Understanding Thermostat Failure Modes

Most vehicles use surprisingly simple thermostats, but these devices serve a critical function in your engine's cooling system. Your thermostat acts as a valve that can control the flow of coolant through the system. As your vehicle warms up, the thermostat stays closed, preventing cold coolant from reaching the engine. Once the engine approaches operating temperature, it opens to avoid overheating.

Thermostats are a common failure point for many vehicles. When your thermostat fails, it can do so in ways that range from relatively minor to catastrophic. Recognizing these failure modes can help you avoid a potentially disastrous repair.

One Component, Two Failure Modes

Your thermostat's job isn't complicated: spring open when the engine is hot, and stay closed when it's cold. These two states also reveal the two common ways that a thermostat may fail. Thermostats typically stop working when they become stuck, which can happen while open, closed, or anywhere in between.

Manufacturers design their thermostats to fail in a safe or open position. Thermostats that fail open allow a steady stream of coolant into the engine from the moment you turn the car on, which prevents your motor from reaching its optimal temperature. Cold temperatures can cause your car to run poorly, burn more gas, and even accelerate wear on internal engine components.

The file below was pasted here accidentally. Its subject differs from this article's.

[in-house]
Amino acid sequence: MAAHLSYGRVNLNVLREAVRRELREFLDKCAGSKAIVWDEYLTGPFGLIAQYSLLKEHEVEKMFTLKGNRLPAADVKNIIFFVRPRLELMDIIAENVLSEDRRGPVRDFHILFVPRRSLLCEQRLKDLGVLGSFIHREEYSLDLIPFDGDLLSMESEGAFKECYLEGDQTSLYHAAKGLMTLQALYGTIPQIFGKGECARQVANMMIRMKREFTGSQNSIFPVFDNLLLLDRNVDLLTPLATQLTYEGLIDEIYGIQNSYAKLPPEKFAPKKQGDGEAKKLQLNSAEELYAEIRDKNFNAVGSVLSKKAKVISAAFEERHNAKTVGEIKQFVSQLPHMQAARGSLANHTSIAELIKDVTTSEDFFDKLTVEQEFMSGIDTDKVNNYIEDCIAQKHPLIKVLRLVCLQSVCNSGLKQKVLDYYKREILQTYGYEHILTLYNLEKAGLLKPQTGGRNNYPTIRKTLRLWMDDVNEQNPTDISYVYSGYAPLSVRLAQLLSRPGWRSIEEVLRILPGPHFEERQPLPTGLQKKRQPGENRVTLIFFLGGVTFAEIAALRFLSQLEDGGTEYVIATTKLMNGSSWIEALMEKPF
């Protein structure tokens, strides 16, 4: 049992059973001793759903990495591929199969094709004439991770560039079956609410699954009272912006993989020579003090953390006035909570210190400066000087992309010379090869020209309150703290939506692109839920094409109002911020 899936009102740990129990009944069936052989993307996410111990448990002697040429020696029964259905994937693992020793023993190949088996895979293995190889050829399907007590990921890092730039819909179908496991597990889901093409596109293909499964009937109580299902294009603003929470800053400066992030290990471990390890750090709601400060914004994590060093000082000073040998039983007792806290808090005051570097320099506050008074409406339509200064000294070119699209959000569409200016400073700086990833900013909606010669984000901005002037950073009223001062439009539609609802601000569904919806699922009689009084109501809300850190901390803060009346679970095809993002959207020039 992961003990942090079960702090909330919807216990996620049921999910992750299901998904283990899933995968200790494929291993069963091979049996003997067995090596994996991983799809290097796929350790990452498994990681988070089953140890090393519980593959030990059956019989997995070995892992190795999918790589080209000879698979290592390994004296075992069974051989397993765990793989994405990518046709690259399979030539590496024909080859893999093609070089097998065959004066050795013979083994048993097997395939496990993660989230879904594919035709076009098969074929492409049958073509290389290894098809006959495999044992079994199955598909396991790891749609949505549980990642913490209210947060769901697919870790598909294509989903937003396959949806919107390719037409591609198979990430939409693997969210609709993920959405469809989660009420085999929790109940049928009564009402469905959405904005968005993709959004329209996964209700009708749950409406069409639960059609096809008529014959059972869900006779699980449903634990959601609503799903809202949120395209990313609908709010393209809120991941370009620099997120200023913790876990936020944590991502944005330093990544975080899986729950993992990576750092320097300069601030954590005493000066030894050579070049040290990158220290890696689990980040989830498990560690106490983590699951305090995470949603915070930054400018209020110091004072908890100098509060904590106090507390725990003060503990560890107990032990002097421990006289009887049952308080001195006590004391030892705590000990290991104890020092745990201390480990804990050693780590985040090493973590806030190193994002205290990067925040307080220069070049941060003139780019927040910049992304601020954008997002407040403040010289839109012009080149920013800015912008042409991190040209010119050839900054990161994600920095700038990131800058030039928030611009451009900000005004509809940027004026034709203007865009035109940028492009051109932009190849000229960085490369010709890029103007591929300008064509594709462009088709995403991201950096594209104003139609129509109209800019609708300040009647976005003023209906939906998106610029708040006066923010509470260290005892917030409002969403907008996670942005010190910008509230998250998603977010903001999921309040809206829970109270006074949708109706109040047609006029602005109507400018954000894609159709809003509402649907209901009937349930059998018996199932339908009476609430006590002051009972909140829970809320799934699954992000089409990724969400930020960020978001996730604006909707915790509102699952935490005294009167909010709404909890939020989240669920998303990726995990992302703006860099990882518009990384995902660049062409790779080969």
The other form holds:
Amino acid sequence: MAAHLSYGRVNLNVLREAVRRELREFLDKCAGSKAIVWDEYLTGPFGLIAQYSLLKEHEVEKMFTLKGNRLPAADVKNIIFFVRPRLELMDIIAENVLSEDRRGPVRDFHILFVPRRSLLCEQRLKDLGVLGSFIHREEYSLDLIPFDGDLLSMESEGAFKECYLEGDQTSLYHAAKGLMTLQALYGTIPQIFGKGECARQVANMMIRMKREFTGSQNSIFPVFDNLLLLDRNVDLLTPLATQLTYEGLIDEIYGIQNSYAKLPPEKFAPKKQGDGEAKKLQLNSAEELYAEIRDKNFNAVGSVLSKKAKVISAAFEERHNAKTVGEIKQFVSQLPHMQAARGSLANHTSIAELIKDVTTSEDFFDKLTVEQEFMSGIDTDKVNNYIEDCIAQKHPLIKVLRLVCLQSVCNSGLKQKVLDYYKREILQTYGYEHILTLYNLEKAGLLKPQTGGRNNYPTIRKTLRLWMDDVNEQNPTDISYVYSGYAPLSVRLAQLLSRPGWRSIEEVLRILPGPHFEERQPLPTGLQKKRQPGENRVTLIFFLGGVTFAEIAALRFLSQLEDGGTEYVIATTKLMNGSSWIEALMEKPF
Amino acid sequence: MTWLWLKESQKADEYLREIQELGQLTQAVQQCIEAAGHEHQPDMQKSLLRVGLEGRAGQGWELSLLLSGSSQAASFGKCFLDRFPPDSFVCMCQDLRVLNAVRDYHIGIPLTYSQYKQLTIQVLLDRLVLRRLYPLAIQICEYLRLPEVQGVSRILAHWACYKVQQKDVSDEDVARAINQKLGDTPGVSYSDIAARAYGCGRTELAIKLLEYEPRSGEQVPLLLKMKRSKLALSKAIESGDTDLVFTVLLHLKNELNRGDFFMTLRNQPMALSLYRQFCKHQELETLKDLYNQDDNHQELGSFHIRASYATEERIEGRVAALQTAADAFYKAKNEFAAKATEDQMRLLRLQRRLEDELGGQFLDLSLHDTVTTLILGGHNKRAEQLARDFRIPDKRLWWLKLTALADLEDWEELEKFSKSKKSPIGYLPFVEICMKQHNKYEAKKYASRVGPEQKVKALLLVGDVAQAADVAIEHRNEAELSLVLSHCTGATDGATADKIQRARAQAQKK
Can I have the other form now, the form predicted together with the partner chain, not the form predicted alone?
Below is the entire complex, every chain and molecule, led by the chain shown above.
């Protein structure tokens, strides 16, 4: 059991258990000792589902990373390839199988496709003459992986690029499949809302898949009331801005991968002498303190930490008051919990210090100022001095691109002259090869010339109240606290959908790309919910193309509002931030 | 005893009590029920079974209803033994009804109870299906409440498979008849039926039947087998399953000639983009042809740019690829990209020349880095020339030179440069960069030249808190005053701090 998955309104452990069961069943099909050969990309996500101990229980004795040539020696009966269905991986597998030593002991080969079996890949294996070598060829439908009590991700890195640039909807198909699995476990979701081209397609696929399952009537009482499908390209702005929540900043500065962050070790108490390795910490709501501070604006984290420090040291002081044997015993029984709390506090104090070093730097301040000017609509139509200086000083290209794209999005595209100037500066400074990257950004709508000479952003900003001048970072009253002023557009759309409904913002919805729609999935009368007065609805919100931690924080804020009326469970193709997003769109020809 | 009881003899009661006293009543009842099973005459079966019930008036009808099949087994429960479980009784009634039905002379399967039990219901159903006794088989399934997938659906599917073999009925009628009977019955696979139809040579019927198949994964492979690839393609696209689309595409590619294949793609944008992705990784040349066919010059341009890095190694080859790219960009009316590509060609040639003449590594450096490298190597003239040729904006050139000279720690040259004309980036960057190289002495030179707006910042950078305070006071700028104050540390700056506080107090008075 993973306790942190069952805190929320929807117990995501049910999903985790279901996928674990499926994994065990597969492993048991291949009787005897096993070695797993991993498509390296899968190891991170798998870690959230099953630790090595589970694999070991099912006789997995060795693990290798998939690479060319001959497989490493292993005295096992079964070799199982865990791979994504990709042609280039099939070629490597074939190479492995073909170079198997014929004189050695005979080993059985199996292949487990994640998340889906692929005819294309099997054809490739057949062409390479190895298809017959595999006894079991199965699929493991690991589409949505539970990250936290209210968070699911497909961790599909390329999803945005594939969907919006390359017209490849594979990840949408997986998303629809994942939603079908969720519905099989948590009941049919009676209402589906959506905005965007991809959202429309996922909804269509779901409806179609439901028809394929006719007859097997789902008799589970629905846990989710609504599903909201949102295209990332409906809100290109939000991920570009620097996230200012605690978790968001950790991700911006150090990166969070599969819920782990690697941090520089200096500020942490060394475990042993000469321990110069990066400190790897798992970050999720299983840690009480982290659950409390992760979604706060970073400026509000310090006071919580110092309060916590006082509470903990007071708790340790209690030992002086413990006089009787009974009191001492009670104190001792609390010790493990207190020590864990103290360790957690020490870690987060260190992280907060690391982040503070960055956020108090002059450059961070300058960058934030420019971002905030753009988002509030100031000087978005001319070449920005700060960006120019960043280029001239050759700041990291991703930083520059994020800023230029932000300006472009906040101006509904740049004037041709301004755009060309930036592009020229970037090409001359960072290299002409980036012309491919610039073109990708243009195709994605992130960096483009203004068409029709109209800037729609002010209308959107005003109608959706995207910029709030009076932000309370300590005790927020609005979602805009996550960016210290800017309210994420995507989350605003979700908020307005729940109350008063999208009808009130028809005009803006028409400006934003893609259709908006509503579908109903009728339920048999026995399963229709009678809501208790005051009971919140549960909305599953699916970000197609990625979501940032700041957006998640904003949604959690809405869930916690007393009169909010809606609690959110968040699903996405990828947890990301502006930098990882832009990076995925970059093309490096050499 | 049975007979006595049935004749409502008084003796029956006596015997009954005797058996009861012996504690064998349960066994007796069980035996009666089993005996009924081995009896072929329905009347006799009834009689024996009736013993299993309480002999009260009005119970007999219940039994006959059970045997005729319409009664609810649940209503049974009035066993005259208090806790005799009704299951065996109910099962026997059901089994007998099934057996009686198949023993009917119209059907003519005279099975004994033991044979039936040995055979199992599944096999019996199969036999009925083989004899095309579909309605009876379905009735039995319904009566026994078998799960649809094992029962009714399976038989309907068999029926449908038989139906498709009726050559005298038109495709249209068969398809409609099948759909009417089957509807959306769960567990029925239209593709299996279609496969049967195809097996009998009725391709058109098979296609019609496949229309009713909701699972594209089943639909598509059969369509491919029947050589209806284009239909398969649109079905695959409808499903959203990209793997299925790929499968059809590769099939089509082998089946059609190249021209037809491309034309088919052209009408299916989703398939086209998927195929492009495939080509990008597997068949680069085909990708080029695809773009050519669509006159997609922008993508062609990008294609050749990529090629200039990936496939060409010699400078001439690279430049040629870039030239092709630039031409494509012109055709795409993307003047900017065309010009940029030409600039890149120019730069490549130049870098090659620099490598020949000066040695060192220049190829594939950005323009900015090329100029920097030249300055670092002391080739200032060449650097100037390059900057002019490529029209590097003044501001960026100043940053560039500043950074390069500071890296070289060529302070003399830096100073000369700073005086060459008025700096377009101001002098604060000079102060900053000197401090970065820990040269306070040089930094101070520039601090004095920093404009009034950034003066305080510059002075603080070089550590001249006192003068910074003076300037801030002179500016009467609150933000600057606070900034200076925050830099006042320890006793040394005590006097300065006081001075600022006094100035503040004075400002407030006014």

While there are severe consequences to your thermostat sticking open, they pale in comparison to a thermostat that's stuck closed. In this case, the coolant won't flow through your engine at all, causing it to overheat rapidly. This situation can result in rapid engine damage, especially in warm temperatures or if you attempt to drive the car while your thermostat is stuck.

Thermostats rarely fail in the closed position, but it can happen, and it's critical to recognize the signs of overheating and act quickly.

What Should You Do?

While a closed thermostat is much more immediately dangerous to your vehicle, you shouldn't ignore problems in either case. A cold engine tends to run rich, which means your ECU will decide to dump more fuel into the combustion chamber than it can efficiently burn. The ultimate result is poor performance, reduced fuel efficiency, and incomplete combustion.

Incomplete combustion can be especially damaging to your vehicle. Excess fuel can damage your catalytic converters, ruining them in a relatively short amount of time. You'll also create more wear since the extra gas can wash away oil and reduce lubrication. While a cold condition might not instantly destroy your engine, it can create many expensive and frustrating problems.

In general, you should never ignore apparent symptoms of a thermostat failure or a thermostat check engine code. If your thermostat is stuck closed, you should stop driving your car immediately and tow it to a repair shop. While you may be able to drive a vehicle with a thermostat that's stuck open, you should still schedule a repair as soon as you can.

For more information on auto repair, contact a repair service in West Palm Beach, FL.